Michael Krigsman: So the issue here is communicating in a manner that the business will find compelling, particularly that the business will find relevant and meaningful to their situation and that will push the business, therefore, to make the change that you as the CIO want to be made.
Martha Heller: Absolutely! I’ll give you one more example, and this was the CIO of a large pharmaceutical company who said he was having trouble getting his fellow executives to understand the multiple roles that IT plays. So he hired a photographer to take an aerial view of a three lane highway. In the highway you had one lane, motorcycles, in another lane, taxi cabs, and in another lane, big 18-wheelers. And he said the 18-wheelers are our global processes and our global technologies, we’re not creating change there, don’t even bother asking us to change that, that’s solid. The taxis are the more localized solutions for different regions that need something more specialized, and the motorcycles are pockets of innovation, new, cool stuff we’re doing, and with time, the motorcycles become taxis and the taxis become trucks. But he said, after he walked out of that meeting, having shown that aerial view, he saw the light in the eyes of his executive committee. So a story doesn’t have to be a fable. It can be a photograph, it can be a pie chart, but it needs to be designed to expressly communicate something abstract to a variety of audiences.
Michael Krigsman: So relevance is at the heart here, and we hear about relevance and the CIO. So let’s talk about factors that make a CIO relevant to the business.
Martha Heller: I love that question because I have a great answer for it. And this comes to me from the CIO of GE, because you know, Michael, I have no original thought, all I do is take the good thoughts of CIOs and put them together in a palatable form. But what Jim Fowler, the CIO of GE is concerned about is the relevance of CIOs and the relevance of IT and he says that, “We have a generation of workers graduating from college and coming into our businesses, and they are self-helpers. They want to create their own algorithms, their own digital tools, and they don’t want to wait around for IT. So for IT to stay relevant, it has to find a way to embrace that innovation, and be a catalyst for that innovation.”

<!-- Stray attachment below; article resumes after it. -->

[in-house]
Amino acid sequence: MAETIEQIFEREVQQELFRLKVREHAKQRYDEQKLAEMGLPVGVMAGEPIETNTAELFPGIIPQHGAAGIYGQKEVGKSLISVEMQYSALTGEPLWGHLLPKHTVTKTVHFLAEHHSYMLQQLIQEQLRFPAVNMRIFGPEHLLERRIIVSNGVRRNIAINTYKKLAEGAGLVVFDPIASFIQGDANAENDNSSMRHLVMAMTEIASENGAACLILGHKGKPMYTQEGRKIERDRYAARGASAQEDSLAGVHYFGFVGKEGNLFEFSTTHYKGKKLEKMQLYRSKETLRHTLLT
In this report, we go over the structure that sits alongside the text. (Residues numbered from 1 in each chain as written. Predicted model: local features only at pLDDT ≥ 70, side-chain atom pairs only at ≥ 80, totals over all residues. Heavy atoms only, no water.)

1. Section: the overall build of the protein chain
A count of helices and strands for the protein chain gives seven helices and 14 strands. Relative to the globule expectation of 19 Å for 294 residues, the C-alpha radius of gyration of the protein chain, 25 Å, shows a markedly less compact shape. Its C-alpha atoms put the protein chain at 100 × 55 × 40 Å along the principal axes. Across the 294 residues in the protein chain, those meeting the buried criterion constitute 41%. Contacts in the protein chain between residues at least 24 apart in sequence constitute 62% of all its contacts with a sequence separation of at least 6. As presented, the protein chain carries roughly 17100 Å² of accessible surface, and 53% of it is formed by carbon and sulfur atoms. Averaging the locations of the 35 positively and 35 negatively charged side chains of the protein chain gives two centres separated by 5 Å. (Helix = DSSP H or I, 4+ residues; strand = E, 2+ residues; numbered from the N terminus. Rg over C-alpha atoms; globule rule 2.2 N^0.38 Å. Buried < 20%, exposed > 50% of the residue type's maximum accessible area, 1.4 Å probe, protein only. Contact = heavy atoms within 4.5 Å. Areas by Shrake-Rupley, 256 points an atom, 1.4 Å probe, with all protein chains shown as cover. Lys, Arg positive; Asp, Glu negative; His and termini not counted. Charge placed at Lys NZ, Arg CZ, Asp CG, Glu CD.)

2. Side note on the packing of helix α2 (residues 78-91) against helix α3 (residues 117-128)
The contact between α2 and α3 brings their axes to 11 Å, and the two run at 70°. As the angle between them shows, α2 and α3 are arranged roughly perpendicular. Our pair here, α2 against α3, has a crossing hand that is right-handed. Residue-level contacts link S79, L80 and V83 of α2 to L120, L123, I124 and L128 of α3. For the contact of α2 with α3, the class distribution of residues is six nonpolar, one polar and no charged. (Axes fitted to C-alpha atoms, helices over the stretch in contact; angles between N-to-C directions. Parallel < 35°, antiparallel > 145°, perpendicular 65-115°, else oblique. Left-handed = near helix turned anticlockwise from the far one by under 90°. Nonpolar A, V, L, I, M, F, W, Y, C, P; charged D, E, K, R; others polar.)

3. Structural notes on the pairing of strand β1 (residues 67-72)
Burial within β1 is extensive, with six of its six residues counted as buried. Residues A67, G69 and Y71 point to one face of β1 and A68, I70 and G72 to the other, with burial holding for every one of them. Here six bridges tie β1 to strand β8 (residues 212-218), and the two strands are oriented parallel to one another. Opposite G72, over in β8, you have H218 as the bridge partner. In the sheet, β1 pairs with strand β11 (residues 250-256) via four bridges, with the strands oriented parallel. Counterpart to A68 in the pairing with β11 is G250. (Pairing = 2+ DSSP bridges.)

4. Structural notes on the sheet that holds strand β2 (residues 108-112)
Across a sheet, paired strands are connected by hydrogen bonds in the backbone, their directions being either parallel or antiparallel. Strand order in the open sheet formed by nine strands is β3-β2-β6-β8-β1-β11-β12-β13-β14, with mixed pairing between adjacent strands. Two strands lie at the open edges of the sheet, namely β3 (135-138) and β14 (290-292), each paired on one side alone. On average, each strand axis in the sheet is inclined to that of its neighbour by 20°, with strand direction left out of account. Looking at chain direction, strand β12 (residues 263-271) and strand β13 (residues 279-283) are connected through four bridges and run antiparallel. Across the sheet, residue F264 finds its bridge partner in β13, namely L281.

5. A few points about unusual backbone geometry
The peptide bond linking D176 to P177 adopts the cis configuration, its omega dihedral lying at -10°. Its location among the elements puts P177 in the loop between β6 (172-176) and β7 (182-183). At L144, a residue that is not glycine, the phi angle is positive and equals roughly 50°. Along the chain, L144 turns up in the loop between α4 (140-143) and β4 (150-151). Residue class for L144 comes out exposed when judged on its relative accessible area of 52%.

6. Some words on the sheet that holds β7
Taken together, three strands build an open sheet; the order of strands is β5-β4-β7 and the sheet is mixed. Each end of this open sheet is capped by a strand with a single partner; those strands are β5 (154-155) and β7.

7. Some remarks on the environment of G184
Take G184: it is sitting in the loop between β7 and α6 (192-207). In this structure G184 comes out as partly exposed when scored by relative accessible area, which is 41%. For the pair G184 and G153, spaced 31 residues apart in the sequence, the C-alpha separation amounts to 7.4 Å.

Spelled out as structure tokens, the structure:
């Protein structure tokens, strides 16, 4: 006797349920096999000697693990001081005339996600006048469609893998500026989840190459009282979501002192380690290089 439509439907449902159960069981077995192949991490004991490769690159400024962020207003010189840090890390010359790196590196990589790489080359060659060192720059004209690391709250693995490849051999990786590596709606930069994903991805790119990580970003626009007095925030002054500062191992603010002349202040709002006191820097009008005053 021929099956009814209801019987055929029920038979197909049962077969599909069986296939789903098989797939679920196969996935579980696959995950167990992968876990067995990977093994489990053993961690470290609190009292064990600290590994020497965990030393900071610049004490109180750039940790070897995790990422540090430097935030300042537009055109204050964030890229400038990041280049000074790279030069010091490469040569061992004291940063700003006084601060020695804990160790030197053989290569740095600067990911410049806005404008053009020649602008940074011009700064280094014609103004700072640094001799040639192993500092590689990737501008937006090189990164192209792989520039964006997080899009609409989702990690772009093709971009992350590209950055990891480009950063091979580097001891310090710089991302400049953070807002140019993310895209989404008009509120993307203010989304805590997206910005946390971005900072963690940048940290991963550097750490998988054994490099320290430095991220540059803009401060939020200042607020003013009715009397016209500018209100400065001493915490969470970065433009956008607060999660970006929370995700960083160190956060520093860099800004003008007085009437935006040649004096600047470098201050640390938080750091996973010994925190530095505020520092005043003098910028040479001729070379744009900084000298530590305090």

So I’ll bring up the concept of “shadow IT” for a second. When I think about that old-school style of IT saying, “No shadow IT on my watch! No business executive is going to go out and buy their own technology and damage my architectural integrity, and introduce security risk and cost challenges into my infrastructure,” I imagine a man alone on the beach with his hand up, and a tsunami is coming over the beach. Well, that CIO can go ahead and put another hand up, but it’s not going to stop the rise of workers who want to be much more powered with the ability to create their own technology solutions. So Rob Lux is the CIO of Freddie Mac, and when he joined Freddie Mac, there were a lot of concerns about end-user computing, that is business leaders who hired their own development shops to create their own applications. Well that’s all well and good until those applications become mission-critical and have performance problems, and then they call IT to say, “Hey,” and the phrase they use is “productionalize,” “Can you productionalize?” And IT would say, “Boy, it would have been nice if you had involved us a little bit earlier.” So rather than clamping down on EUC’s, or End-User Computing, Rob created a development platform to allow end-users to go crazy! Develop your own tools, but do it in a secure environment using these tools. So a real concept here that I want to get across is, it’s one thing to say to IT, “Be the business,” but another thing we’re really saying is, “Let the business be IT.” IT does not own IT innovation, and delivery investment decisions and adoption, or even development! If end-users want to develop, they’re going to develop. Let them do it. So give them the platforms to do that. So that is being a catalyst and staying relevant, rather than saying, “Yeah, I’ve got to wait for IT.” That’s a perfect way for CIOs to become obsolete.